Roger: Thank you Pam for agreeing to do this interview. You’re a member of the steering committee that is now hard at work planning a We Agnostics and Free Thinkers (WAFT) International Alcoholics Anonymous Convention. I understand the planning for the convention is in the early stages. First, where and when will it be held?
Pam: The convention will be held in Santa Monica, California, Thursday through Saturday, November 6 – 8th in 2014. We found a lovely location at the Unitarian Universalist Community Church in the center of Santa Monica, only a couple of miles from the beach. It has a courtyard with a BBQ and enough classrooms for several workshops and marathon meetings. The UU community is very embracing of non-believers and it has a special place in our history as the location of Chicago’s Quad A’s first meeting in 1975. It is a perfect place for this historic event. 
Roger: Tell us a bit about yourself, Pam? What is your motivation for wanting this Convention?
Pam: As a teen I discovered alcohol, and I had no control from the very beginning. By my late 40s, I couldn’t go a day without coming home from work and polishing off a bottle or two of wine. Weekends were filled with emotional negotiating over how much time I would spend running errands before I could get home and start drinking, to purge my feelings and distress. I was an alcoholic. Finally, fearfully, I stepped into an AA meeting in June 2008.
It happened to be an agnostic AA meeting. I found an immediate and overwhelming acceptance in that meeting and started to attend two of the Hollywood We Agnostics meetings. I never experienced the evangelical overtones at these meetings that I discovered in other meetings. I don’t like to be preached at EVER and here was a place that I could learn how to be in recovery without that distraction or distress.
That is my biggest motivation for wanting the convention. To make others aware that there is a solution in AA for them, no matter their belief systems.
Roger: I take it that reflects the motivation of the steering committee that is organizing this convention. How did you connect with the members of the steering committee?
Pam: I met the other two members of the steering committee, Dorothy H. and Jonathon G., at the We Agnostics meeting in Hollywood which Charlie P. and Megan D. first started in 1980. 
Dorothy and I were talking one weekend about how often newcomers walk into our group and sigh with relief that they have found us. We decided we needed to put together a convention to help support each other and to reassure agnostics, atheists and freethinkers that we are not alone in the program of Alcoholics Anonymous. Jonathon, Dorothy and I believe that we can best be of service by letting others know of this wonderful alternative within the framework of AA’s Traditions by organizing this convention.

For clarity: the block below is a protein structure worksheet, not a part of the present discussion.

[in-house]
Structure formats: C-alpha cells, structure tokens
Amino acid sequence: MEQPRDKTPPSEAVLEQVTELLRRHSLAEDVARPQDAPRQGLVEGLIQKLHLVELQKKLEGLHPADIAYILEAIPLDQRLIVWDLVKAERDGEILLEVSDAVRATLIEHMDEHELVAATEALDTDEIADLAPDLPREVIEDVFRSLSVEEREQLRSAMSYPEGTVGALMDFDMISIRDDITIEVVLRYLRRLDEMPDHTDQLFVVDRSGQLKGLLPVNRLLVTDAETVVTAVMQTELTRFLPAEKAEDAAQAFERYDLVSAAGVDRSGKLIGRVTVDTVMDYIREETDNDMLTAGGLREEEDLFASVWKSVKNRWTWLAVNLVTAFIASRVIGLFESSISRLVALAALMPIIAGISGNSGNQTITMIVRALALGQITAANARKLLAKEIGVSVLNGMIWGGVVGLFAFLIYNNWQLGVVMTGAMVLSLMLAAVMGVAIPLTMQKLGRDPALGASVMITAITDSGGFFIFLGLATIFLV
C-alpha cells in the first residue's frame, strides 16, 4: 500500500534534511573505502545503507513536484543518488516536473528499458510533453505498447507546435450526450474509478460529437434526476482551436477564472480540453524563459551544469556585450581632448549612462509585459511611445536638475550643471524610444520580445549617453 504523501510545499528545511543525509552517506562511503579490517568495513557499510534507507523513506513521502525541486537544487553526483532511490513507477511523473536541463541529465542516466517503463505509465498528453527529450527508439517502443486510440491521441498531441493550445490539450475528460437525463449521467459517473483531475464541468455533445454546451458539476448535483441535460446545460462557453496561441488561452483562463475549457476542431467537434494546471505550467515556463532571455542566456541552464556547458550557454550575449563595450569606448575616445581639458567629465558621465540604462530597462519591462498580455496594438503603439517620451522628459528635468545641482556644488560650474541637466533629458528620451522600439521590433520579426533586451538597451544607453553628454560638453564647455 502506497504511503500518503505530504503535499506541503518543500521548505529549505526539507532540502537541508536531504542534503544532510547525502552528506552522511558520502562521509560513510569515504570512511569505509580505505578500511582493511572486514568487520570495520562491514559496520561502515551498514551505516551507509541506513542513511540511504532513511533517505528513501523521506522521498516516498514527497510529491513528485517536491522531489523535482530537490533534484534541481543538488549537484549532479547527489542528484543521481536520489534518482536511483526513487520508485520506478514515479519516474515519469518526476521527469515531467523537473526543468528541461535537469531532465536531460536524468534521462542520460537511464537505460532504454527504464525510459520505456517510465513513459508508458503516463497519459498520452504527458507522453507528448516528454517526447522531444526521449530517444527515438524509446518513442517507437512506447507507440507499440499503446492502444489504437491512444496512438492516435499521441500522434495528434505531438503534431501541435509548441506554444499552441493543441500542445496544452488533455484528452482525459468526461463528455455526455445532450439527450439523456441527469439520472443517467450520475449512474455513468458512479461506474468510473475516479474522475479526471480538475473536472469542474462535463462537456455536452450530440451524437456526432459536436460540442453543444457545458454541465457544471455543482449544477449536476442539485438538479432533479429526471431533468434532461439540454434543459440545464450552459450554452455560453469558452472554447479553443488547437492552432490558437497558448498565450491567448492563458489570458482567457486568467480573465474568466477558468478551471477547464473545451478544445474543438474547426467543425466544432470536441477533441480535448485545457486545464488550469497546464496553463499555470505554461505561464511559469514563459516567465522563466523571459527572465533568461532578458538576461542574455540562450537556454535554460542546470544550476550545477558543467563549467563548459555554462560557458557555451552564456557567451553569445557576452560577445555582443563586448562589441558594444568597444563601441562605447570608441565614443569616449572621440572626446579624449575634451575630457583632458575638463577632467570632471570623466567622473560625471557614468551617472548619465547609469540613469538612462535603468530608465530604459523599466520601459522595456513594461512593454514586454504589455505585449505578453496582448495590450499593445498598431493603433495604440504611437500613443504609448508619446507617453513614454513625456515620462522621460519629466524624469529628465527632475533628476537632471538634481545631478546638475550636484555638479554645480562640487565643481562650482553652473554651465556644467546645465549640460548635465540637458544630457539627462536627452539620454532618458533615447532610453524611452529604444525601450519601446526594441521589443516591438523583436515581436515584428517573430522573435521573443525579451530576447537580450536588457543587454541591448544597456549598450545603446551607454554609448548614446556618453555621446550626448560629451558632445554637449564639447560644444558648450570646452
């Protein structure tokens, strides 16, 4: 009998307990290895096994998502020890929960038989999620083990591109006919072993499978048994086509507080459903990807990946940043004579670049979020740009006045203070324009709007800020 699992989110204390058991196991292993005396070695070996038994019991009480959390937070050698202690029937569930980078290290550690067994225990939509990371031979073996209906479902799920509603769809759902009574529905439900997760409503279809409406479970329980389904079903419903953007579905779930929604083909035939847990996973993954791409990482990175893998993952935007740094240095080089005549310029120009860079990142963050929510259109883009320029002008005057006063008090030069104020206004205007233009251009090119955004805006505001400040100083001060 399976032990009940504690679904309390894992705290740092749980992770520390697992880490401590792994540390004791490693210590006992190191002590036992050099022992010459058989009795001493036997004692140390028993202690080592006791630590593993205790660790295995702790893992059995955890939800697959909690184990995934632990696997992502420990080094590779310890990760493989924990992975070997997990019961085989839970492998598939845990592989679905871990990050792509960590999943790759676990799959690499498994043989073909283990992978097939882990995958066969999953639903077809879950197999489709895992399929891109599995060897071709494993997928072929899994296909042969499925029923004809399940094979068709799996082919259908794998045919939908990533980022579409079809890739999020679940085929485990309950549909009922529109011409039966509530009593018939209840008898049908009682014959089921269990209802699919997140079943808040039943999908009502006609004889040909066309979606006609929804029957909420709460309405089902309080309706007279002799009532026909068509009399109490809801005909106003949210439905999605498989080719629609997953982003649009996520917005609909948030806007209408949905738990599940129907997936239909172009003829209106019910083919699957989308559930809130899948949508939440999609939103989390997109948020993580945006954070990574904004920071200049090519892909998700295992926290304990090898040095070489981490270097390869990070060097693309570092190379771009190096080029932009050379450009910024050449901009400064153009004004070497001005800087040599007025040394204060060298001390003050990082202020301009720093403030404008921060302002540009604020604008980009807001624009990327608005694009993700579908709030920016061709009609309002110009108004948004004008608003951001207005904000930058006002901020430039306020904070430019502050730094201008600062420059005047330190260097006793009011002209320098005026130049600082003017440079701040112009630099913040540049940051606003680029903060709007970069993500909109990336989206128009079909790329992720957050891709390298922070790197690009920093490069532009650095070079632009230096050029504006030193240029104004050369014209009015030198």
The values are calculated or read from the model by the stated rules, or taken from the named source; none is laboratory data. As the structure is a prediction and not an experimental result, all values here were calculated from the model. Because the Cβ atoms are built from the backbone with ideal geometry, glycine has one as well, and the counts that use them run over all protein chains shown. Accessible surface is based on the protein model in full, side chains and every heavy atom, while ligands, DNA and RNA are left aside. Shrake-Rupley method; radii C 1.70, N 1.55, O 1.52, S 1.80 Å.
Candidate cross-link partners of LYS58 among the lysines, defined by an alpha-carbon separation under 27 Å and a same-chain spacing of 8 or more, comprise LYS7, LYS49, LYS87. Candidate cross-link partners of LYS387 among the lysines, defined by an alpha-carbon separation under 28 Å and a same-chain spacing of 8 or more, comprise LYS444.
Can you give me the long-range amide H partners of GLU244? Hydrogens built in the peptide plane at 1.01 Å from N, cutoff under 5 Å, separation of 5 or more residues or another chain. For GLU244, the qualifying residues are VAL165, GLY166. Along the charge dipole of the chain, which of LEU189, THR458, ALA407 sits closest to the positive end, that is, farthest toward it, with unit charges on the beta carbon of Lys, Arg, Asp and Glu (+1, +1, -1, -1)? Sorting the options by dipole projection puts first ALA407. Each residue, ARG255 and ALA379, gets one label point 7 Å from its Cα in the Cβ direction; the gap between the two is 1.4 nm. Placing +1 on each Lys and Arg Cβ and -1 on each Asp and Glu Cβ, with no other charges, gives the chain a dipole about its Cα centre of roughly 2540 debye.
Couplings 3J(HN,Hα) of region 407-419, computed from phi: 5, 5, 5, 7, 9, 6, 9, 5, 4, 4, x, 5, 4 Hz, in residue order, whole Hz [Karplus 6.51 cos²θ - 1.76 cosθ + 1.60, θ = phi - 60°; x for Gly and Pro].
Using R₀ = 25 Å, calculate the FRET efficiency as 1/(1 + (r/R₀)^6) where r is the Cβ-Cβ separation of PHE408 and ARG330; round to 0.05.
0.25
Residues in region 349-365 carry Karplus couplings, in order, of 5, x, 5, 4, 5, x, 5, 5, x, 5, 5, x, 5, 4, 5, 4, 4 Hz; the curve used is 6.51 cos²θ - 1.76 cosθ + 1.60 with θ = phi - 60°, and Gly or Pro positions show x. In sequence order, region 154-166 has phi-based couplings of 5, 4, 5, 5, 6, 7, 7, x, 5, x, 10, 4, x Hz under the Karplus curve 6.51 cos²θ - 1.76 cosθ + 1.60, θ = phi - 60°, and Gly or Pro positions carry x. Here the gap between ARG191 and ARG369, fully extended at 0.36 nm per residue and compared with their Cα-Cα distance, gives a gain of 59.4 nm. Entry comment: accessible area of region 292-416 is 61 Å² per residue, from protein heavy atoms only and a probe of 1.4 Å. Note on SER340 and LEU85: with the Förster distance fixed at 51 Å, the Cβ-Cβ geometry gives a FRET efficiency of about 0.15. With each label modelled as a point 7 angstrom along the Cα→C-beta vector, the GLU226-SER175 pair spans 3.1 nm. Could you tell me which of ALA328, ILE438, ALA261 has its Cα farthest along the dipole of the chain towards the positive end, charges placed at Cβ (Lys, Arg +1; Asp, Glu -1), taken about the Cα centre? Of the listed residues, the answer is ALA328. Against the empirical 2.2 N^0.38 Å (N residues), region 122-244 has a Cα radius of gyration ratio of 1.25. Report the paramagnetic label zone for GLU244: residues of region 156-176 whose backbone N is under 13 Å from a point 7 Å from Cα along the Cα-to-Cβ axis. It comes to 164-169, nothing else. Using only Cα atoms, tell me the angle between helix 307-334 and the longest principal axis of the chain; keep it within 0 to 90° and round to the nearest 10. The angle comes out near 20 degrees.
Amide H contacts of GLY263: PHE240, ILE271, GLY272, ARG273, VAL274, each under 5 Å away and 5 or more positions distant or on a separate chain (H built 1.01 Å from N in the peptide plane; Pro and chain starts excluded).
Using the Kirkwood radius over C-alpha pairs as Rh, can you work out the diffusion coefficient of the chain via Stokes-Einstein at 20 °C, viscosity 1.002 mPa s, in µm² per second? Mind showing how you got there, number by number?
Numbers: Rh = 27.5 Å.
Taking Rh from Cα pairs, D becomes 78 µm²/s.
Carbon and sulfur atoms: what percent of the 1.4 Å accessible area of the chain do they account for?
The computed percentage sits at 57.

Roger: I don’t have to tell you that there is some controversy surrounding agnostics and atheists in AA. I personally belong to an agnostic group, Beyond Belief, that was booted off the official AA meeting list for taking God out of the Steps.  Will those with a belief in God be welcome at this Convention?
Pam: Absolutely. As it says in the preamble used at many agnostic meetings: “We do not endorse or oppose any form of religion or atheism. Our only wish is to assure suffering alcoholics that they can find sobriety in AA without having to accept anyone else’s beliefs or having to deny their own.” Where we fail in the program, and in life, for that matter, is when we push our beliefs on others or deny our own.
Our hope is to share this embracing theme and to remember that this program is about recovery and helping the newcomer achieve a “personality change sufficient to bring about recovery from alcoholism.” We are all about inclusivity. And inclusivity means working to make everyone feel welcome, not deciding who is in and who is out.
Roger: Tradition Eleven says that AA’s public relations policy ought to be based on attraction rather than promotion. Aren’t you promoting a certain form of belief or, perhaps more accurately, non-belief?